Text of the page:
During the day, our two year old border collie Izzy belongs to me. She follows me from room to room, she naps with me, and she patiently waits for me to prepare her homemade raw food each day. However, once Dad gets home, she becomes a daddy's girl. The minute he walks in the door, she has a ball in her mouth knowing dad won't be able to resist her. She follows him around when he is eating because she knows he will share. Each night before going to sleep, she knows she will get to play the blanket game with dad. He wraps the blanket around his hands and she tries to catch his hand. She loves it. (I think he does too).

When we first brought Izzy home, she figured out pretty quick who the momma was. When the kids would wake up to hug me, she felt a little jealous and would jump the on the kids hoping to get some attention too. We finally broke her of that by giving her the job of waking the kids up and being the first to greet them and by having her sit in a "stay" position while they gave me morning hugs.

Now, things have changed. She is no longer bothered by the kids hugging me, but is very uncomfortable with Steve hugging me. At first I thought she was jealous of the attention he was getting from me. But no, she doesn't like that I am getting the attention when she could. She does everything she can to get in between us too. She jumps, she whines, she barks, and she will even lay on top of me. It is kind of funny really to see how she reacts, but I think we are going to have go back to doing some training when it comes to receiving hugs.

Wednesday, February 18, 2009

Rheumatoid Arthritis Poll - See Sidebar

Recently I have been reading about the blood type diet. The last four people with rheumatoid arthritis that I have talked with have the same blood type as me. So, I am interested. If you have RA, what is your blood type? If you have been diagnosed with rheumatoid arthritis, please participate in the poll on my sidebar. Thanks for satisfying my curiosity.

Natural Deodorants: If I Can't Eat It, Don't Wear It

Over the last five years or so, I have been working off the philosophy of "If I can't eat it, don't wear it." Slowly I am finding alternatives for a lot of the products I put on my body in the past, but it feels like it is a constant job. I often refer to the Environmental Working Group for ideas on safe products and although Dr. Mercola's site can be a little over the edge sometimes, he provides a lot of good information about the safety of chemicals we put on our body.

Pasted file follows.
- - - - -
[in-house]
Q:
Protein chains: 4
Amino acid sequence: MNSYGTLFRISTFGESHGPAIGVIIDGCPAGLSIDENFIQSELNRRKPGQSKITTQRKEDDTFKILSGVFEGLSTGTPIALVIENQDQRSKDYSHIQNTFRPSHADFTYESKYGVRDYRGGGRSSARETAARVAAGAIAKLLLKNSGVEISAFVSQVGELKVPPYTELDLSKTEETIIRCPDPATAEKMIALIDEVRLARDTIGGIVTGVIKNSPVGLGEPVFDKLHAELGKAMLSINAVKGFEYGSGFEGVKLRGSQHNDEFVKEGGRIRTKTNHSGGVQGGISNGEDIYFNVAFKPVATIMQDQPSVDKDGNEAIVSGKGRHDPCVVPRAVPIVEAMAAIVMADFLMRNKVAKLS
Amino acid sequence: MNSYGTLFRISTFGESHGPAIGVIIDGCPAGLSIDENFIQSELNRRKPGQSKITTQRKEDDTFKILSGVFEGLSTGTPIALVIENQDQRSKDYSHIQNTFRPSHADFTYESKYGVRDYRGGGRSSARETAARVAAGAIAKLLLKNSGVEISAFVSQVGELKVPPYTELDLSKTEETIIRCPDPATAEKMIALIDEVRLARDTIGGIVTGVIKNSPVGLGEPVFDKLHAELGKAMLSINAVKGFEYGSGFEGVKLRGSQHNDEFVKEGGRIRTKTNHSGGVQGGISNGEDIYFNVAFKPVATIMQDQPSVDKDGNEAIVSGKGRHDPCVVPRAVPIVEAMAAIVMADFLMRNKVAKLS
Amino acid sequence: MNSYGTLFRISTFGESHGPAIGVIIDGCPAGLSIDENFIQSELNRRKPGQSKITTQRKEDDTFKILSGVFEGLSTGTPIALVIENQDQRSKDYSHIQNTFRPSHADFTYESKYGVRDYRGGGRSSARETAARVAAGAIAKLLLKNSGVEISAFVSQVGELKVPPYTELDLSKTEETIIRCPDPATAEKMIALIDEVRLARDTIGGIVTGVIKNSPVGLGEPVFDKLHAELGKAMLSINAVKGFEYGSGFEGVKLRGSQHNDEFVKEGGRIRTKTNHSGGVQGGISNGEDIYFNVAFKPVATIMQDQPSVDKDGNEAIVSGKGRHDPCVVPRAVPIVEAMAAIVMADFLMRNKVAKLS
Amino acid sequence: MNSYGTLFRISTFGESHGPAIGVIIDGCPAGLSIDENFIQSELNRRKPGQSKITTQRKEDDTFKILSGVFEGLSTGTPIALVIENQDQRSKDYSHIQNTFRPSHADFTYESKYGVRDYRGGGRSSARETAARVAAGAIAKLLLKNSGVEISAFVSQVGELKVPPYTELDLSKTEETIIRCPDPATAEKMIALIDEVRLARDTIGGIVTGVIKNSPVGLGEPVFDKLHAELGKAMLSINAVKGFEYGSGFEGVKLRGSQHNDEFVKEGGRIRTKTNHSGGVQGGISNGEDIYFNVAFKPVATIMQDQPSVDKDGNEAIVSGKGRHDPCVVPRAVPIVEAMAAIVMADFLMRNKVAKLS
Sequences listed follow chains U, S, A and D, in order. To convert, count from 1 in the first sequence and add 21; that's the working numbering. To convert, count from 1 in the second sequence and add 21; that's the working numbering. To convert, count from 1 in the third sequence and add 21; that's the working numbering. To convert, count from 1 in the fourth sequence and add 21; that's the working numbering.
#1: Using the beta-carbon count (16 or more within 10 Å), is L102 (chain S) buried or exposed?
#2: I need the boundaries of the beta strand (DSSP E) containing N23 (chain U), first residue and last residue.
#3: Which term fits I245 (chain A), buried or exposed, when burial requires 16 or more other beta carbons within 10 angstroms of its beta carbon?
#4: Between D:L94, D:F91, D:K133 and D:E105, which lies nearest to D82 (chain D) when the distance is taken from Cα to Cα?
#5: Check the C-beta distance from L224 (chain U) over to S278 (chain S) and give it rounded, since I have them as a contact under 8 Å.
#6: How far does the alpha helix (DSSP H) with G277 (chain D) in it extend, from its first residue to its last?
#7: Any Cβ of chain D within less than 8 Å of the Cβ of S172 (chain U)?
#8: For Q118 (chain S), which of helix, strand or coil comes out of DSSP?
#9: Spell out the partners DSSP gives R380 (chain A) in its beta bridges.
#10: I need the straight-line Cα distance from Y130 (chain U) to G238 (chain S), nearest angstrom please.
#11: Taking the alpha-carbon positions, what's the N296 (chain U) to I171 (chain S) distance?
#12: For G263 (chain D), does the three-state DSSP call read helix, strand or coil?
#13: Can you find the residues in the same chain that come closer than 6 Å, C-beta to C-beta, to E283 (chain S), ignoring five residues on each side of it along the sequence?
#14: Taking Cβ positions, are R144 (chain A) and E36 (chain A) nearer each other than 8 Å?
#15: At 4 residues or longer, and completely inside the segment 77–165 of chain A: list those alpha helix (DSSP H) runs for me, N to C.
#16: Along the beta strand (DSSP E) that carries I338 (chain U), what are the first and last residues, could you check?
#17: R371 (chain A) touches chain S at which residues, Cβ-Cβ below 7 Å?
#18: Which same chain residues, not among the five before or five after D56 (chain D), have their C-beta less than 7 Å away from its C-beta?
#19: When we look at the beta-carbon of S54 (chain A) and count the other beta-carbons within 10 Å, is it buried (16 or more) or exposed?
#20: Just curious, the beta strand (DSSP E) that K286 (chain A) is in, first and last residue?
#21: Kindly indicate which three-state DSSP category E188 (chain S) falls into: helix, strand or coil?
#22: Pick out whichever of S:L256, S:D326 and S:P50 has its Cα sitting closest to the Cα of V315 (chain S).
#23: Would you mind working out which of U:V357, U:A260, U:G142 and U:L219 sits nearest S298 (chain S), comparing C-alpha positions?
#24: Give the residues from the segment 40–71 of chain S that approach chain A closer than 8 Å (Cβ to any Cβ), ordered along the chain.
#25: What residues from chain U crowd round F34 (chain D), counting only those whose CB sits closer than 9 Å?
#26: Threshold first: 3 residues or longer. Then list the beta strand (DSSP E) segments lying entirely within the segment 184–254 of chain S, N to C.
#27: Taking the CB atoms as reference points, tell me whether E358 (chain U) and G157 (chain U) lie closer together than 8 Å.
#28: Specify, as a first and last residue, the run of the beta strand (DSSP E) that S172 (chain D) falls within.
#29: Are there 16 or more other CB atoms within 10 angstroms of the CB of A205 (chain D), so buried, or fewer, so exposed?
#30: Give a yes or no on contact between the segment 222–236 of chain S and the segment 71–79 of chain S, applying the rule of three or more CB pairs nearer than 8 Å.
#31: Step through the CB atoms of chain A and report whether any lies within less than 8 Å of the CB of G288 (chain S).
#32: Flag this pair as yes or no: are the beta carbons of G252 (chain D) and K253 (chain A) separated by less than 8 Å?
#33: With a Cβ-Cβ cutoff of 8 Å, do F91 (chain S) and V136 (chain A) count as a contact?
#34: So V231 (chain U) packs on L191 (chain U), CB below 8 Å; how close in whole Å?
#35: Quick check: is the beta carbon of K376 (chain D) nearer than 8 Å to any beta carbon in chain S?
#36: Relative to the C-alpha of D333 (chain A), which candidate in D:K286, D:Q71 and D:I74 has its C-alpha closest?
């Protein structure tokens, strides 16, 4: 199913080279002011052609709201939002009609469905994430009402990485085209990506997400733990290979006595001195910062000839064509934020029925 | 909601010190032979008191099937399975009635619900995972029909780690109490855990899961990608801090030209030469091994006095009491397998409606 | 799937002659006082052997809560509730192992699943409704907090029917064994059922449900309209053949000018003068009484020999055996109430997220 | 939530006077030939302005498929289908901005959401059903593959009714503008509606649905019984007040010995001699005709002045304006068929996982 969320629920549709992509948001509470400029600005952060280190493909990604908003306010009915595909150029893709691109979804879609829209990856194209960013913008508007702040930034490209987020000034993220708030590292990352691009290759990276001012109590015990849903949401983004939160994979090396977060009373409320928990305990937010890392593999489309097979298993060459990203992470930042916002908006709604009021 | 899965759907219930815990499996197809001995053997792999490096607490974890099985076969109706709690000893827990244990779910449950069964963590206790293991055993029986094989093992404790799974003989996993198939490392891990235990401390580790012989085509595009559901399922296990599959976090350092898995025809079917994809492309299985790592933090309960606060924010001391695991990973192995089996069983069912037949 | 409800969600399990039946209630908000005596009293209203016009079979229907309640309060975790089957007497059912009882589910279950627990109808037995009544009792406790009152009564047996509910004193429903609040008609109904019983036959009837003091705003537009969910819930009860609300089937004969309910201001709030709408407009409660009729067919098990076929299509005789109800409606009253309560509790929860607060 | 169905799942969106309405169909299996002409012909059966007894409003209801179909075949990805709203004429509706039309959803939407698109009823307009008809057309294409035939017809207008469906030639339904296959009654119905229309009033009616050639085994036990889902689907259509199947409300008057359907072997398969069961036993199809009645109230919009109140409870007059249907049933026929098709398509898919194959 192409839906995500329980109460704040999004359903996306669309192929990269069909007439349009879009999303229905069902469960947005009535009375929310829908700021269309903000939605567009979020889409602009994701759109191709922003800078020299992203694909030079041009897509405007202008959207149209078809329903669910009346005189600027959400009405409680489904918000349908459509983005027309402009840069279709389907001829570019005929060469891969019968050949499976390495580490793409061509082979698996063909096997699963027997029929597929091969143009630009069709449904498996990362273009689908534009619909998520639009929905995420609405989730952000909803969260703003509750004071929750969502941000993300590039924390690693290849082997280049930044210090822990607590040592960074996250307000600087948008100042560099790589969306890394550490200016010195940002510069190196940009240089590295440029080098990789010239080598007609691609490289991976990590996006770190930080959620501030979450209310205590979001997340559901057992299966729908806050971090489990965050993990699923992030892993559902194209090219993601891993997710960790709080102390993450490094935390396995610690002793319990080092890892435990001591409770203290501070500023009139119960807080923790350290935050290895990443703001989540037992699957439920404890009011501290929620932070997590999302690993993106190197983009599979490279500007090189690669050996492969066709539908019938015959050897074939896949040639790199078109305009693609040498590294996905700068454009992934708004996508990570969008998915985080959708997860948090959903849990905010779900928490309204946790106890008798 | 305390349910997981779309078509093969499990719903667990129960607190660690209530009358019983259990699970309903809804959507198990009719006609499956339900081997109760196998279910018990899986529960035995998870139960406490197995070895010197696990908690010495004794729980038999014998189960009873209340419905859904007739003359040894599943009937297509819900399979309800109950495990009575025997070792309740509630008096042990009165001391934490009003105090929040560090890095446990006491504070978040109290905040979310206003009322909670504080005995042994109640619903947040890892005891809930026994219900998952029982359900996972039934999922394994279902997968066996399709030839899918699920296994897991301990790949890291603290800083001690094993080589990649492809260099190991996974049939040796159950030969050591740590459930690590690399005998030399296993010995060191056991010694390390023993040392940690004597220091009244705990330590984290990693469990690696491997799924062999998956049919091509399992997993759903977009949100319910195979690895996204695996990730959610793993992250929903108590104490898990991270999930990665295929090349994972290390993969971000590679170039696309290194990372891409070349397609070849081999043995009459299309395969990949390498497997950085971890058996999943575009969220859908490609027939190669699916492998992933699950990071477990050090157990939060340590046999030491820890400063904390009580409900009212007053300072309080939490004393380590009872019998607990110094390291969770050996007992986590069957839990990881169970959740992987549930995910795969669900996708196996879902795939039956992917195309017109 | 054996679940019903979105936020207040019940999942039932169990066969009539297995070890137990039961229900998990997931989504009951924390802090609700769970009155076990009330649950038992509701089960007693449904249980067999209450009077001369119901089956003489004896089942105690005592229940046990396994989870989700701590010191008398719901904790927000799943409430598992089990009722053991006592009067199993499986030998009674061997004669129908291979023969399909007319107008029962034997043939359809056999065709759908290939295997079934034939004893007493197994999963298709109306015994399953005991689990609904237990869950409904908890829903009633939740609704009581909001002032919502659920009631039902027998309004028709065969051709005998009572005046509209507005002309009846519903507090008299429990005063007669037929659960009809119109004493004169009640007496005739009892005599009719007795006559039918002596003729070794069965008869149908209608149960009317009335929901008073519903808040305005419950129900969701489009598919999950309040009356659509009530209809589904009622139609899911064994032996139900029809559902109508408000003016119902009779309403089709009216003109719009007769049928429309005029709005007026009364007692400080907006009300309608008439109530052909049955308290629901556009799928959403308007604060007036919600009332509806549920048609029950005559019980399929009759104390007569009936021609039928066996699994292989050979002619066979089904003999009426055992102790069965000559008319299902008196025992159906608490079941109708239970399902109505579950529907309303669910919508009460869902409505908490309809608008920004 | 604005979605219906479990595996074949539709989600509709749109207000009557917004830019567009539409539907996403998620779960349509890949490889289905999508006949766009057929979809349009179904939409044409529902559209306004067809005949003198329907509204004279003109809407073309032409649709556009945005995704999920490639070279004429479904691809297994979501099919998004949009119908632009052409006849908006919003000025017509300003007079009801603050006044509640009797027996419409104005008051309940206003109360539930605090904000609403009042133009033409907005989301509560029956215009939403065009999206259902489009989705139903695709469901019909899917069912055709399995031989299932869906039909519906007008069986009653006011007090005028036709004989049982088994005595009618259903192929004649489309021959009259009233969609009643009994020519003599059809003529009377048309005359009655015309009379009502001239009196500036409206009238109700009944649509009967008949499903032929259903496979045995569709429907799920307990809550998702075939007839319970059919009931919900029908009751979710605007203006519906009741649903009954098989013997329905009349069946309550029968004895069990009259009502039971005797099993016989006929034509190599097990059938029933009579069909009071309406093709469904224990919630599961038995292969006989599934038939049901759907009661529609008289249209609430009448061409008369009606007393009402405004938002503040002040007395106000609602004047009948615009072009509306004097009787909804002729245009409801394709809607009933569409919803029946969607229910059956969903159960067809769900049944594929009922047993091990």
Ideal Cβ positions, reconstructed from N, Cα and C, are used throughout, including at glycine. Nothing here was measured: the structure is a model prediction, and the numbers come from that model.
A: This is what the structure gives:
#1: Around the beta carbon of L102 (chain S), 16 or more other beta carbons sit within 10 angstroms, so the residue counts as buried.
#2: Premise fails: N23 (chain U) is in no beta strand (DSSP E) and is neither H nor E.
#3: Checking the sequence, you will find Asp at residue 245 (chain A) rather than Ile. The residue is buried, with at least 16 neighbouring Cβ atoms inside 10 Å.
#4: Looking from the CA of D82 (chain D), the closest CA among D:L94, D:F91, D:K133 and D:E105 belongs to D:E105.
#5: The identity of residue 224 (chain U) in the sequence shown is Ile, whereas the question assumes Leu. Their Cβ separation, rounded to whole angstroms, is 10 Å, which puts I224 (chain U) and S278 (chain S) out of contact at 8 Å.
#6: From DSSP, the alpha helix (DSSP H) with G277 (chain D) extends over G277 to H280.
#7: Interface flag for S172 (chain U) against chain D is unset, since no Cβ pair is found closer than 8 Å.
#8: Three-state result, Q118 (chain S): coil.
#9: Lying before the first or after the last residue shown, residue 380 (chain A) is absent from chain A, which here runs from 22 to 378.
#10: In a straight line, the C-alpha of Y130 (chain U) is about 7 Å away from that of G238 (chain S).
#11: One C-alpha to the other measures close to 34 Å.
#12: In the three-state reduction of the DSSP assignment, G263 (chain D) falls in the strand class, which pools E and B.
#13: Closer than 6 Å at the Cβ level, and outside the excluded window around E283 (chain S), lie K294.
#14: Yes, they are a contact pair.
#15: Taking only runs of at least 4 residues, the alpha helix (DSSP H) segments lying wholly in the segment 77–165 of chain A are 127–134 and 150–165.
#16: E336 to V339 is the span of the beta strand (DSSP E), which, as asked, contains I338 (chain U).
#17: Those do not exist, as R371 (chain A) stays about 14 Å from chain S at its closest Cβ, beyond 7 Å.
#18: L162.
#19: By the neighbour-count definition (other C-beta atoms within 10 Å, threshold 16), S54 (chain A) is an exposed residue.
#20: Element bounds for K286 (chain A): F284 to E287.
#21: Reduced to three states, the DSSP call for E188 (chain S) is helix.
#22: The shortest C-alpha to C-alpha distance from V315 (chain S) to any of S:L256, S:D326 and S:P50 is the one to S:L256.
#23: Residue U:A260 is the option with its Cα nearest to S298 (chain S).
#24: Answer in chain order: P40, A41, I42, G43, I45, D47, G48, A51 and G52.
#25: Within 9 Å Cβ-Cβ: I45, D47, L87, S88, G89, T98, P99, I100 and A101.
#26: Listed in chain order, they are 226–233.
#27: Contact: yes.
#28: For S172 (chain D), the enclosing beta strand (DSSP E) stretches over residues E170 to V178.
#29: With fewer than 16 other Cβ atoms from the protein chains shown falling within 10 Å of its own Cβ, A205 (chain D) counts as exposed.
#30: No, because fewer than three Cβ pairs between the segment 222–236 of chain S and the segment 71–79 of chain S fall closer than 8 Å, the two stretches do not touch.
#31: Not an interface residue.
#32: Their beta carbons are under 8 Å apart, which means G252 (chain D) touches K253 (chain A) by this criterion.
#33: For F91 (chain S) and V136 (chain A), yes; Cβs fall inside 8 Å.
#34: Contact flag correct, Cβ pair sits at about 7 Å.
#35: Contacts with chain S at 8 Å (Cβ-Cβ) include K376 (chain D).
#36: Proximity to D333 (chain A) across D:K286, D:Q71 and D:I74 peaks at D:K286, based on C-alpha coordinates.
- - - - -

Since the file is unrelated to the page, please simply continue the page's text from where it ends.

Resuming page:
Deodorant was one of the first things I decided to change. One of the articles Mercola shares regarding antiperspirant mentions how the aluminum in antiperspirants can mimic the estrogen hormone and since it is so close to the breast, it can cause breast cancer. Scary! My first attempt with natural deodorant was with the crystal body deodorant which works great most of the time and is very economical, but found it doesn't do so well in stressful situations. Next, I turned to baking soda. With baking soda you can just dab a bit under your armpits. You can even add an essential oil if you want something scented. It is that easy. Baking soda works pretty well but recently I have noticed a little scent making its way up to my nose - usually when I am in class teaching and have to stand close to students. So, I have been going back and forth between the crystal body rock and the baking soda thinking maybe if I mix things up, that will help.

Anyone else out there trying natural deodorants and care to share your experiences? I would love to hear what you are trying.